Deputy Agriculture Minister Eng. Sharif Sharif said on Tuesday that half of the money would be aid and the rest a long-term loan. He said the money would be used for developing horticulture, renovation of irrigation systems and providing improved seeds and fertilizers to farmers.
A portion of the money will be also used in the counter-narcotics offensive. "We will distribute tractors, fertilizers and improved seeds in five-year loans to farmers who quit cultivating poppies," Sharif said.
Eighty-five percent of the total population of Afghanistan has been dependant on agriculture for their livelihood but six years of consecutive drought and more than two decades of war have severely damaged them.
Combatants who disabled each other are friends today
By Qadam Ali Nikpai
KABUL, Feb. 02, (Pajhwok Afghan News) – Enemies on opposite sides of the battlefront, two men who disabled each other on the frontlines of Afghanistan's civil war met again 18 years later in the offices of the Ministry of Disabled and Martyrs to become friends.
In 1986 Saleem was a soldier accompanying a government convoy of food items on the Salang highway in northern Afghanistan when the convoy was stopped by Abdul Rahman and other mujahideen fighters who was fighting the Soviet backed government installed in Kabul.
Saleem and Abdul Rahman opened fire on each other with automatic rifles and Kalashnikovs and lobbed grenades. Saleem lost one leg in the encounter while Abdul Rahman had his jawbone and six teeth broken.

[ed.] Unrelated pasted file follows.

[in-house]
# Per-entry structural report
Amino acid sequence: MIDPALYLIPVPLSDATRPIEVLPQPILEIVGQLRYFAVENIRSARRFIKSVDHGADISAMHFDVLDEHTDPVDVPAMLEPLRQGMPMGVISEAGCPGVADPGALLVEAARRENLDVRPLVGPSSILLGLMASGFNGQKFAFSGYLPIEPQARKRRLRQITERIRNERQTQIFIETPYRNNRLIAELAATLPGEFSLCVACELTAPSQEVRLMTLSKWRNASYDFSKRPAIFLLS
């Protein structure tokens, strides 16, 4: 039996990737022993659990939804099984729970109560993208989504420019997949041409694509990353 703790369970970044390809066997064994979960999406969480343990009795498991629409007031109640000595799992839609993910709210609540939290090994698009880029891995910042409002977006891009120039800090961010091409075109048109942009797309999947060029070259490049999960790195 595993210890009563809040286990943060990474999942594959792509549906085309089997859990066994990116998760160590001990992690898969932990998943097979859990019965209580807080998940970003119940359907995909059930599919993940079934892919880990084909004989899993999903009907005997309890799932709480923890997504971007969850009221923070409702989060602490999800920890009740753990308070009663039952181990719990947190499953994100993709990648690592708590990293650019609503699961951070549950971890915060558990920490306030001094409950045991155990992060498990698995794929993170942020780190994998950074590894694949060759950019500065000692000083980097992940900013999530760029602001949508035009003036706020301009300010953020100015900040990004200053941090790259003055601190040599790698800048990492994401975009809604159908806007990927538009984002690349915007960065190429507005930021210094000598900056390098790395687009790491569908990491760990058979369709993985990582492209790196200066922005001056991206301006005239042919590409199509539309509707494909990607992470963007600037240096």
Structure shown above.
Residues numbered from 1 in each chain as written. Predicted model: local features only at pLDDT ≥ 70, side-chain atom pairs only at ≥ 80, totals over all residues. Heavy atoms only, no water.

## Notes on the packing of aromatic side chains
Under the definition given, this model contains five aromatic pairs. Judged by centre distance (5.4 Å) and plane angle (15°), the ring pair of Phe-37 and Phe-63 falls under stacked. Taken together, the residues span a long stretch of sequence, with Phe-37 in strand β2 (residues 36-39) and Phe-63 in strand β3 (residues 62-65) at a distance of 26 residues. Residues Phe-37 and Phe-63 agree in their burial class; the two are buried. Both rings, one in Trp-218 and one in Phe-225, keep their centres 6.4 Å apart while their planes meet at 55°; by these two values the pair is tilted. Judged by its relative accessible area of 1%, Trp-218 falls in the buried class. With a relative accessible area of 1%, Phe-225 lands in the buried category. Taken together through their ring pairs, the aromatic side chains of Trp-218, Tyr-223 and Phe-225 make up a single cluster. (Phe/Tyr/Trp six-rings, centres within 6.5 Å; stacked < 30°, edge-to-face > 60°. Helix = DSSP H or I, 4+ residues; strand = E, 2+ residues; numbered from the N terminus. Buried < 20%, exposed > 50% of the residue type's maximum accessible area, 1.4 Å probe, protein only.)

Saleem vividly recalls that spring day when he was escorting cooking oil and flour supplies to Kabul as Abdul Rahman and his mujahideen colleagues opened fire on them in the Takhta Sang area of Khenjan district in Northern Salang. Several people were killed in the fighting.
"Abdul Rahman and me confronted each other from two verges of a small bridge (over a canal). He threw a hand grenade towards me and I fired at him with my Kalashnikov. Then we both lost conciousness" Saleem told Pajhwok.
What happened then? "We came to consciousness after some days in a ward of a Pul-e-Khumri hospital where both of us were hospitalized and recognized each other," Abdul Rahman said.
The fighting turned Saleem into an amputee and Abdul Rahman's face was so disfigured that he has to cover his face in any public space. Today both earn a living hawking credit cards for mobile phones on the streets of Kabul.
The passage of time and lessons learnt from the turbulent life has changed the mind of these two middle-age men and they hate all war. Though they disabled each other in that fight, the two men are friends today, just as their leaders, formerly enemy warlords confronting each other, now sit around one table.
"We, the disabled, whichever front we belonged to then, are today not enemies of each other but friends. We share our sympathies and are struggling for our rights and participating in demonstrations as members of one association of the Afghan disabled," said Nuruddin, another disabled who fought with mujahideen.
It seems clear now that war has no market in Afghanistan and lots of calamities, including disability and poverty have woken Afghans to the dreadful atrocities of war which yields nothing except further calamity.
"Our superiors and commanders involved us in the fighting. Many people died and were wounded while our leaders got benefits. Ultimately they became drug smugglers who not only do not care for the disabled but insult them," said Akhtar Gul, a disabled who lost his left leg during the war fighting as a government soldier.